Tagged: Port

One of the Unknown Worlds developers, Max has posted a blogpost about the GNU/Linux port for their upcoming game Natural Selection 2 :

“Beat Wolf asks: What platforms will be supported? (Linux, OS X, XBox, etc..) The web page still mentions Linux and OS X as target platforms, but there have been many doubts with the inclusion of Steamworks and because the question seems to be avoided for some time now.

Well let the issue be avoided no longer! Currently our engine and tools only work on Windows, and that will be the only platform Natural Selection 2 will be available on at release. However, most of the engine is not platform specific. The largest Windows-specific piece is the low level rendering code which is built on Direct3D. In the interest of having our engine run on Linux and OS X someday, this low level rendering code is wrapped up so that it’s mostly separate from the rest of the engine. With a small amount of effort, we can swap out this piece with an OpenGL implementation that will work on Linux and OS X. All of our tools are built using the cross-platform wxWidgets framework, so once we get the engine working on another platform, bringing the tools over won’t be too much work.

Now that I’ve convinced you that we’ve taken steps to allow us to bring our engine to other platforms, you might be wondering why we don’t just go ahead and do it. The answer is simple; we don’t have the time right now. As an alternative to doing it ourselves, we’ve considered “open sourcing” or publishing the low-level APIs for the pieces that are Windows specific and inviting community members to contribute their own implementation. If you like this idea let me know in the comments.

Now the issue of Steamworks. For those of you who don’t know, Steamworks is the core technology of Steam, like the friends list, server browser and voice chat. We’ve integrated Steamworks into Natural Selection 2 because it saves us the effort of implementing these things ourselves, and gets the game into your hands faster. Unfortunately Steamworks (which essentially is the Steam client) only works on Windows. We’ve setup Natural Selection 2 to work without Steamworks, but you lose the services that it provides. For example, instead of being able to browse for a server you’d have to type in its address in the console to connect to it. For an OS X or Linux client, we’d have to substitute in our own implementation of those missing services. This certainly isn’t out of the question for a post-release update to the game, but it’s not something we’d delay the initial Windows release to incorporate.

I should add to this discussion, that none of this applies to running dedicated servers on Linux. Dedicated servers don’t require graphics, input or any of those other platform specific things. And one of the great things about writing all of the game code in Lua is that it’s inherently platform agnostic. Dedicated Linux server support will be in the initial release.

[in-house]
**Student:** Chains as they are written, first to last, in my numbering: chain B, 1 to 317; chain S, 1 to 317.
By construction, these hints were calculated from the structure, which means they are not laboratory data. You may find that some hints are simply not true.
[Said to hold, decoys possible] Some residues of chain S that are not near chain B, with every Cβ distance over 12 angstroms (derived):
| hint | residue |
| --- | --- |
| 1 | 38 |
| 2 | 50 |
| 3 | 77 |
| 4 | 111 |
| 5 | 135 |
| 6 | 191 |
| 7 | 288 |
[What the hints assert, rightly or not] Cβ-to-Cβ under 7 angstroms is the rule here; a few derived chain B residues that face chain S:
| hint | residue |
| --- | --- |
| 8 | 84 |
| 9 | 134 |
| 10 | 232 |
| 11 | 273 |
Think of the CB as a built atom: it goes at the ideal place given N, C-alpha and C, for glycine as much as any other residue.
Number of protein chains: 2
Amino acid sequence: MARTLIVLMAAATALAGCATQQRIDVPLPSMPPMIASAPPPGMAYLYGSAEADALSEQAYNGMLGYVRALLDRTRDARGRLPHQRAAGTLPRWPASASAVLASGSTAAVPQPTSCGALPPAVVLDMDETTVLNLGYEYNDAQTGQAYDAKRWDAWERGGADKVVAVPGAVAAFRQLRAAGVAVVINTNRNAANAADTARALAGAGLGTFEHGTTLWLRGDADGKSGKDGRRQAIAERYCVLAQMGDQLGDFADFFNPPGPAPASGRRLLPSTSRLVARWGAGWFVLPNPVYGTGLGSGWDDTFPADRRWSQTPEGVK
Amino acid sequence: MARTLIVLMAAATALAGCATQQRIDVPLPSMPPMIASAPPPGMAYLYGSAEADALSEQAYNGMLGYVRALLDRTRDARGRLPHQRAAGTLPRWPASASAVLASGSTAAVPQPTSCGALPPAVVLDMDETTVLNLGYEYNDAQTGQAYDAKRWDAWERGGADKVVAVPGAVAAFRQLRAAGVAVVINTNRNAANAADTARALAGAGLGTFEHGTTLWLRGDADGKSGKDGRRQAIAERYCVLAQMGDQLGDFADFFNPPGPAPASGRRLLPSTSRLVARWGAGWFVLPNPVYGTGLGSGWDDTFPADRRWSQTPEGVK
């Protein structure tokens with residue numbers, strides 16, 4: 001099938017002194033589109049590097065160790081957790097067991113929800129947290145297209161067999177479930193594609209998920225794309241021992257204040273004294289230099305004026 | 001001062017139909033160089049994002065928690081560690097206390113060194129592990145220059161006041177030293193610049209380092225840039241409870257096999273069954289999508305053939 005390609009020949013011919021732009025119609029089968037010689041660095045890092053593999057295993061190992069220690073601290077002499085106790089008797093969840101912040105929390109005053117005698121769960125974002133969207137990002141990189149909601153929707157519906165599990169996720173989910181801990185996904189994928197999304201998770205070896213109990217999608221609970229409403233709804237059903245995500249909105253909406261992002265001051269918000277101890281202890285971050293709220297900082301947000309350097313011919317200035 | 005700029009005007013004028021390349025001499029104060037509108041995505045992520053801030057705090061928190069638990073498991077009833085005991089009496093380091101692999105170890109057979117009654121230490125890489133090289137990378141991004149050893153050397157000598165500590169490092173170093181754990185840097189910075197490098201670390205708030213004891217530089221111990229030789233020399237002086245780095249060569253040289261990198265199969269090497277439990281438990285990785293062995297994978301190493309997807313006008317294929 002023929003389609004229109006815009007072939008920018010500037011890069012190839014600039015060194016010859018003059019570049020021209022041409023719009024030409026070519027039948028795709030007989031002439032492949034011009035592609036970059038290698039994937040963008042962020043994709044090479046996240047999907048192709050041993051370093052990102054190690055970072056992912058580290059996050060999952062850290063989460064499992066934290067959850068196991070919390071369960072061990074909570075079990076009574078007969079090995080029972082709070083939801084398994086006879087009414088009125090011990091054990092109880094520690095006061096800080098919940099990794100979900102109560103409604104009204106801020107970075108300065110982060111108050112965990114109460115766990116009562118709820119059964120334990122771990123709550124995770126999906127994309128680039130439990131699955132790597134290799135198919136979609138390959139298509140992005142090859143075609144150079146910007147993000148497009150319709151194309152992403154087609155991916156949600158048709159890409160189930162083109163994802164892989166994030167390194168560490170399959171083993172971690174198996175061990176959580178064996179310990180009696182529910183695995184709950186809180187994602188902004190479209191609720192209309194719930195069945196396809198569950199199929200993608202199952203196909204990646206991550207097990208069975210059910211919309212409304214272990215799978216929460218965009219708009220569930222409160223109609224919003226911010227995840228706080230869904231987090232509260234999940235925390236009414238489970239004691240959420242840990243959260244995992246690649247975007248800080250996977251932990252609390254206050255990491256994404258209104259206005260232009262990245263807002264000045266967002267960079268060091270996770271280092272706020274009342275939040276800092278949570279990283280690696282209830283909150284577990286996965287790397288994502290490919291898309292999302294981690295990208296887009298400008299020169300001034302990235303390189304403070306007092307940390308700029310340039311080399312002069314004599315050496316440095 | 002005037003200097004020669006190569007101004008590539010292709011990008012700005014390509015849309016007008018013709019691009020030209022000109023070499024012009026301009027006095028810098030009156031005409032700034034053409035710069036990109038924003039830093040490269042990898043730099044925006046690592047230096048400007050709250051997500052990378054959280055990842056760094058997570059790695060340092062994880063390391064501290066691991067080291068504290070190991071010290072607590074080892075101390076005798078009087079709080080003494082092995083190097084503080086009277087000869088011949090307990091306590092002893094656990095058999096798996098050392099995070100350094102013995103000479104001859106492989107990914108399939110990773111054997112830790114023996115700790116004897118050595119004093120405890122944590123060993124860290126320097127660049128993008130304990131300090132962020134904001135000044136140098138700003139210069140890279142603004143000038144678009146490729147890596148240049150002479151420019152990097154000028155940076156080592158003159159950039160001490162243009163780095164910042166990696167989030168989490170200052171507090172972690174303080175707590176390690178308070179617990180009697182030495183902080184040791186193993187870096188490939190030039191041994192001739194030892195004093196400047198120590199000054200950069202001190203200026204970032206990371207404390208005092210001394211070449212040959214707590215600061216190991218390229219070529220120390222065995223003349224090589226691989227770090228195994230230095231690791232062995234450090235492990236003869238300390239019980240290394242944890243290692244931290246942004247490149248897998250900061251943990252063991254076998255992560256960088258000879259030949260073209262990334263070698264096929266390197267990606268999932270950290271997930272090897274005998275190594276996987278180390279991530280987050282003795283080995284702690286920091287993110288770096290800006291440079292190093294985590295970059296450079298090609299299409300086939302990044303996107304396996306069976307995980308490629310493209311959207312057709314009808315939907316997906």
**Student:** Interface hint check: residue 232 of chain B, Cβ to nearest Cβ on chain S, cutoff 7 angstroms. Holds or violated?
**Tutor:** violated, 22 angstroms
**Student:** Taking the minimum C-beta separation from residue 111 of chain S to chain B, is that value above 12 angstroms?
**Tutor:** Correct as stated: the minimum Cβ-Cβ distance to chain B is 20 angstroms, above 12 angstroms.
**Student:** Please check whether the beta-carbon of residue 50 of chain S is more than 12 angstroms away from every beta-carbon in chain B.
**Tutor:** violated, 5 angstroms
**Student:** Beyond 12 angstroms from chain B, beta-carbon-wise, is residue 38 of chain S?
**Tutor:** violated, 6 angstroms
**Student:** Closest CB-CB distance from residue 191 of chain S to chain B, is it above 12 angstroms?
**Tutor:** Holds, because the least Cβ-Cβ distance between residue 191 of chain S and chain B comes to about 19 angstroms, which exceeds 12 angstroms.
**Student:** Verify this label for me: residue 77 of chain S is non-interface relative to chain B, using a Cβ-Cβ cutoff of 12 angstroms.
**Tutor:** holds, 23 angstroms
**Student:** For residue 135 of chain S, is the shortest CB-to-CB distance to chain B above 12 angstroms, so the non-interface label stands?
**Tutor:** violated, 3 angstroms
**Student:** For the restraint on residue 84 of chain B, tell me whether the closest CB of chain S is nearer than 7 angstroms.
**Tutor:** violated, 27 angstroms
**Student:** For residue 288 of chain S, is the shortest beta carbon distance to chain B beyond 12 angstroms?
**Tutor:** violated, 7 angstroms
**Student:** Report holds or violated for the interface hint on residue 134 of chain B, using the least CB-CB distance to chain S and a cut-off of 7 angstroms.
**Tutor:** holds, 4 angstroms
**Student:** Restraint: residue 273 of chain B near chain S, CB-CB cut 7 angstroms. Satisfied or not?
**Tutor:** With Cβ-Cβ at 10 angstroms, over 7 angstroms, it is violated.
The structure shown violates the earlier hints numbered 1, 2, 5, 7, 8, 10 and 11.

If you have more questions you’d like to see answered, feel free email me at max@unknownworlds.com. The more specific the better! “

So one way or the other a GNU/Linux port will be made, but I wonder if the Sparks Game Engine will be also available for GNU/Linux :

“Spark is the entire game engine and tool set we’re using to build Natural Selection 2. This includes the graphics, sound, networking, physics, scripting, path finding and effects system (probably others too). It also includes tools like the Editor, Builder, Viewer and Cinematic Editor.”


Unknown Worlds
Natural Selection 2
Blogpost about NS2 and GNU/Linux

Several months ago I’ve posted about the cRPG in developments called Venetica.
The company behind this game – Deck13, made many games which where ported to GNU/Linux and MacOS (by Runesoft) and I wrongly assumed that Venetica will have the same fate.
Despite using the FOSS cross platform Ogre3D engine like they did with their older games, they managed to make the port to GNU/Linux and MacOS very costly.
Apart from Ogre3D they used DirectX (to make the Xbox port) ,FMOD, PathEngine and Scaleform.
While DirectX could be replaced by OpenGL (for the sake of the other ports) the price to license the other middleware  (FMOD, PathEngine and Scaleform) is very high, specifically Рeach tool needs to be re-licensed for each platform separately (those tools do support GNU/Linux, MacOS and other platforms).
So in other words a MacOS port won’t dramatically reduce the cost of¬† the GNU/Linux port.

RuneSoft – the MacOS porters of Deck’s13 older games refused to port Venetica to MacOS due to the high licensing costs of the middleware.
Deck13 said that in order to justify a GNU/Linux port, they need at least 15k GNU/Linux units sold – which makes the port highly unlikely.

We can make a petition for it, or try the preorders method that worked with their older games like Jack Keane – but I still doubt that we’ll reach 15k.

Nonetheless Deck13 are still discussing with their publishers about porting Venetica to GNU/Linux and MacOS.
Although the chances are slim, it’s still possible.